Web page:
We need a Lib Dem role model for disabled people

 

A couple of days ago, I found myself in quite an unusual situation. As a candidate for May’s local elections, I was campaigning in my ward’s town centre when someone flung their arms around me and gave me a great hug.

She told me she’d been watching me and was gobsmacked to see me doing what I was doing. As a visually impaired candidate, people are frequently a bit shocked to see me knocking on their doors. But this was different. She introduced me to her five-year-old daughter, who had just started learning how to use a white cane.

We had a lovely chat. The girl told me her cane was named Dora, after Dora the Explorer, and I explained that my cane had an orange handle, because that’s my favourite colour.

They had to rush off, but as they left the girl’s mum said something that will most probably stay with me forever. “It’s great that my daughter has someone like her to look up to.” We both choked back tears.

When we have a diverse set of councillors and MPs, it inspires others to get involved.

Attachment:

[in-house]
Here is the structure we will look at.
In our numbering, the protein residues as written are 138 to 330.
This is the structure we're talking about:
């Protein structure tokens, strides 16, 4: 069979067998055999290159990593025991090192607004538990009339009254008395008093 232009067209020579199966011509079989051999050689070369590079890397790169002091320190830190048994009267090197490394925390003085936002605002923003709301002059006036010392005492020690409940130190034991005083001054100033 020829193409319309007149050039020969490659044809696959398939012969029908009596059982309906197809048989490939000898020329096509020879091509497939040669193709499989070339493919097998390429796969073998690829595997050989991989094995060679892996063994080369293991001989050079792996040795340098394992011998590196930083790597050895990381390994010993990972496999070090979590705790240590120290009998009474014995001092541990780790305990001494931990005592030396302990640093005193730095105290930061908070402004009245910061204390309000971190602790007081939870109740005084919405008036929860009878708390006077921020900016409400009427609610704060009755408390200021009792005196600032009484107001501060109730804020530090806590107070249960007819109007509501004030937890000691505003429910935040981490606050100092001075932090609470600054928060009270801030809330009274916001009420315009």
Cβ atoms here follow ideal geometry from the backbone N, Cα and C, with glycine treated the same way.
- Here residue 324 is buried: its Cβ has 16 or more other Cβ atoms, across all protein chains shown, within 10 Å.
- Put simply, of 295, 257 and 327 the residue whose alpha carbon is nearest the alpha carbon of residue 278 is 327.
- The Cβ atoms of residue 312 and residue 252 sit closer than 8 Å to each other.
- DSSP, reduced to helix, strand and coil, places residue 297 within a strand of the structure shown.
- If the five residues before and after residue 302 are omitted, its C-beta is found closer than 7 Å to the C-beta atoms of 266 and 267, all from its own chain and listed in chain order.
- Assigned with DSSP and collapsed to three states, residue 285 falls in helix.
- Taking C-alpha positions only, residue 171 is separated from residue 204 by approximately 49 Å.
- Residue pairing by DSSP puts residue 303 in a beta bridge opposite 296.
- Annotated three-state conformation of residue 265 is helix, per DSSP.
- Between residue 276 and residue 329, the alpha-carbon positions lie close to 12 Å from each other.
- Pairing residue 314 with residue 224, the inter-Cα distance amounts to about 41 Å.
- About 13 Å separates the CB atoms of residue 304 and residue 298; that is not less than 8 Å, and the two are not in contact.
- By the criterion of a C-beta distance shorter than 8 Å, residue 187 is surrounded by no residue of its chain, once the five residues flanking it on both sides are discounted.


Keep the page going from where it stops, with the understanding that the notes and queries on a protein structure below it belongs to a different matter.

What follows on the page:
But members shouldn’t have to be an “equality champion” just because they come from an under-represented group. The answer is to build a critical mass so that identity matters less, and we need that critical mass more than ever. The 2010 Speaker’s Conference on Parliamentary Representation discusses the importance of disabled role models for getting other’s involved. There aren’t many disabled MPs, and the most well-known disabled politician is David Blunkett.

And that’s why I’m supporting the Electing Diverse MPs motion at spring Conference.  I’m not going to stand back and let disabled people look up to someone with a horrendous record on civil liberties. If a scandal-hit Labour MP can act as a role model to disabled people, I know that a Liberal Democrat MP can do even better.

* Henry Foulds is a member and activist in Amber Valley, Derbyshire. He is standing in May’s local elections.

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22 Comments

  • Andrew Martin 18th Feb '16 - 1:36pm

    Well written Henry. Good luck in Alfreton.

  • Joshua Dixon 18th Feb '16 - 1:44pm

    Great piece, Henry and a lovely story that you have shared as well. Like you, I’ll be supporting the motion next month 🙂

  • George Boyd 18th Feb '16 - 1:47pm

    I agree with Henry

    This should also be true of people who suffer from Mental Illness too.

    George Boyd

  • Liberal Neil 18th Feb '16 - 1:47pm

    Well said Henry.

  • Lorenzo Cherin 18th Feb '16 - 2:07pm

    Henry , we met some time ago , I am a in Nottingham, it was at a hustings.This is terrific stuff .You are to be commended for this and any of us who can shall be rooting for you in person or with moral support.